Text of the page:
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The new adlermusic.com is now live.

The launch of the redesigned and reconfigured adlermusic.com is imminent. For a brief time, the “blog” button on that site will continue to direct you here (again, note the changed url). But the plan is ultimately to migrate this blog to WordPress and integrate it with my main site. I’m sure the new toys will reignite my blogging jones and all sorts of stuff will pour forth, time permitting.

Meanwhile, my daughter Tess (pictured) is nearing nine months of age, crawling around like a maniac, showing tons of affection and knocking my socks off every day. The newborn stage feels like a century ago. Somehow I’ve still managed to write a forthcoming JazzTimes feature on David S. Ware, CD roundups on Manuel Valera and Samuel Blaser, and liner notes for a burning Alex Sipiagin quartet record, in addition to my various weekly writing chores. The time for newsmongering and commentary, concertgoing, jazz twittering and such has been limited, needless to say.
Our little nuclear family heads to Florida next week — the original plan was to have Tess meet Greg, Sr., my wife’s nonagenarian grandfather, but he left us before that could happen. So now we go to remember a beloved father, grandfather, great-grandfather, husband and World War II hero, who’ll receive military honors in a ceremony during our visit. Thank you, sir, for your kindness and love, and your service.

Following up on my previous notice, a reminder that this blog is in the process of migrating to another service (and another design). Stay tuned, but keep checking this space regularly. I expect minimal down-time.

You’ll notice, for one thing, that Lerterland is now redirecting to blog.adlermusic.com. Please make a note of the new address in your own online worlds, although the redirect should keep all RSS and blogroll stuff pointing the right direction regardless. Searchability and other functions might be a little iffy for a bit, so bear with us as the site gets reindexed and reconfigured.

The new site will focus on all the same obsessions that have defined Lerterland from its 2005 launch. So expect a seamless transition in terms of content. And many thanks for staying on board.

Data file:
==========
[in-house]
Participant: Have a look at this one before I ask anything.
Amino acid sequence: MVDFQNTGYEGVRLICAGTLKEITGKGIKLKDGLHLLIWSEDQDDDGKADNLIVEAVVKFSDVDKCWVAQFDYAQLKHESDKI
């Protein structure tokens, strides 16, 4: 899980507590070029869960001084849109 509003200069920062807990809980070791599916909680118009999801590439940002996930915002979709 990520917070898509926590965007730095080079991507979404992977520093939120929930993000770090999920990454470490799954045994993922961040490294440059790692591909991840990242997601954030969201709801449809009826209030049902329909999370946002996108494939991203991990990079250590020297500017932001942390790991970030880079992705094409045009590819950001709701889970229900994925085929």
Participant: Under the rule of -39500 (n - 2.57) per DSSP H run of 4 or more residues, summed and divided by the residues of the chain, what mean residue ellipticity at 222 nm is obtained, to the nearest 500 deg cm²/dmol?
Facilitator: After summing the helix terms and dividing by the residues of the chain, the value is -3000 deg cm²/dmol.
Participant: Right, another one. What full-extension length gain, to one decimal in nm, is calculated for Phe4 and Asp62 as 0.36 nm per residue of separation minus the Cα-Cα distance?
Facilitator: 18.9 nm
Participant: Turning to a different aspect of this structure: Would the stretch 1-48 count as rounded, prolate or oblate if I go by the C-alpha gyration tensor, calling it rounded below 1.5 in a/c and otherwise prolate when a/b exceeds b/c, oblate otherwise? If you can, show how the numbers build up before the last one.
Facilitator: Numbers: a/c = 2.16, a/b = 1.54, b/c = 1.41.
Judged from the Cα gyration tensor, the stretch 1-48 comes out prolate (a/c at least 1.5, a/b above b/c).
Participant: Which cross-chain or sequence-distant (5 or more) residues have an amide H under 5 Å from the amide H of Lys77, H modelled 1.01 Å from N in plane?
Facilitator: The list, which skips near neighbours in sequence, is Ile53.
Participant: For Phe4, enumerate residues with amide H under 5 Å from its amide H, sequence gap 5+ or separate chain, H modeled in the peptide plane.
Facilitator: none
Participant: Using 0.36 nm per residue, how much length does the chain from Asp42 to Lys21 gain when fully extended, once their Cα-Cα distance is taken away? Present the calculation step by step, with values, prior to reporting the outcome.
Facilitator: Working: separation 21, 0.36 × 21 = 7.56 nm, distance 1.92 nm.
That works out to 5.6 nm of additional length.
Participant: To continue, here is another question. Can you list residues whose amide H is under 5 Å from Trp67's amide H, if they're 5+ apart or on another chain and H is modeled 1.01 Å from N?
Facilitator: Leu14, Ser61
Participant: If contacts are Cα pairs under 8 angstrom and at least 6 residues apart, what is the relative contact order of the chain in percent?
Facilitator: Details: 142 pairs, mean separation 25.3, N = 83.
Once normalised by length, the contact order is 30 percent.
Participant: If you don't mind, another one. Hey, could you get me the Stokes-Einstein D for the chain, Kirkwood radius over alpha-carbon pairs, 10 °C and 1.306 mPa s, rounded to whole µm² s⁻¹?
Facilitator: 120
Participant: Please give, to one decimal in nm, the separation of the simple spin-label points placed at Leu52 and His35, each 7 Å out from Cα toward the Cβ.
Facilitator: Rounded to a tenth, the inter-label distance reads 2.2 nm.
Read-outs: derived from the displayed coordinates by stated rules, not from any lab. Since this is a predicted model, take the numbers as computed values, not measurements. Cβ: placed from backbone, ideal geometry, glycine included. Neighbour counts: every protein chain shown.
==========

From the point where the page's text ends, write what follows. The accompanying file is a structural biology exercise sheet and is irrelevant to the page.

In the near future I’ll be upgrading and relaunching adlermusic.com and migrating Lerterland over to that domain, possibly under the same blog name, possibly not (should I flip a coin?). It’s a long overdue change that will streamline things for me online, so please follow me there and take part in getting the new site off the ground. I’ll post another announcement when the shift is closer at hand.

On a related note, Monday begins a week or so of maintenance and repairs in my apartment, so things will be hectic and blogging probably light. On the other hand, maybe blogging is the only thing I’ll be able to do. We’ll see.

Reporter War Stories. Great reading so far. Cooper in Chile, El Salvador and elsewhere, back in the day.

We lost our beautiful, crotchety Olive to kidney failure this morning. A life well lived, 1994-2010.

I watched Stew’s “Passing Strange” last night on the DVR, and while there were some aspects of it I resisted, the more that I think back on it, the more enthralled I become. I need to watch it again. This song, “Work the Wound,” comes toward the end of the show and nearly turned me to a puddle. Here’s a stripped-down version.

I used to work as a proofreader at BMG Columbia House, so this Onion satire had me rolling this morning — headline, “Columbia House Launches Subscription Meds Program”:

Although Gallagher is generally satisfied with his coverage under Columbia House, he expressed some frustration with the inconsistent offerings. “They base their selections on what’s hot at the moment, so they stopped carrying Fentanyl, my favorite, right when I was getting hooked on it,” Gallagher said. “I tried a different one that was really popular with all my friends, but I couldn’t get into it.”

“It made me spit up liver bile,” he added.

Andrew Sullivan: “If the Catholic church were a secular institution in Ireland and had been found guilty of child abuse to the massive extent the Church has, it would be forced to close. Its top officials would not be issuing statements of apology and regret, but serving sentences in jail.”

And yet here in the U.S., the church is injecting itself into the health care debate in the name of protecting children.

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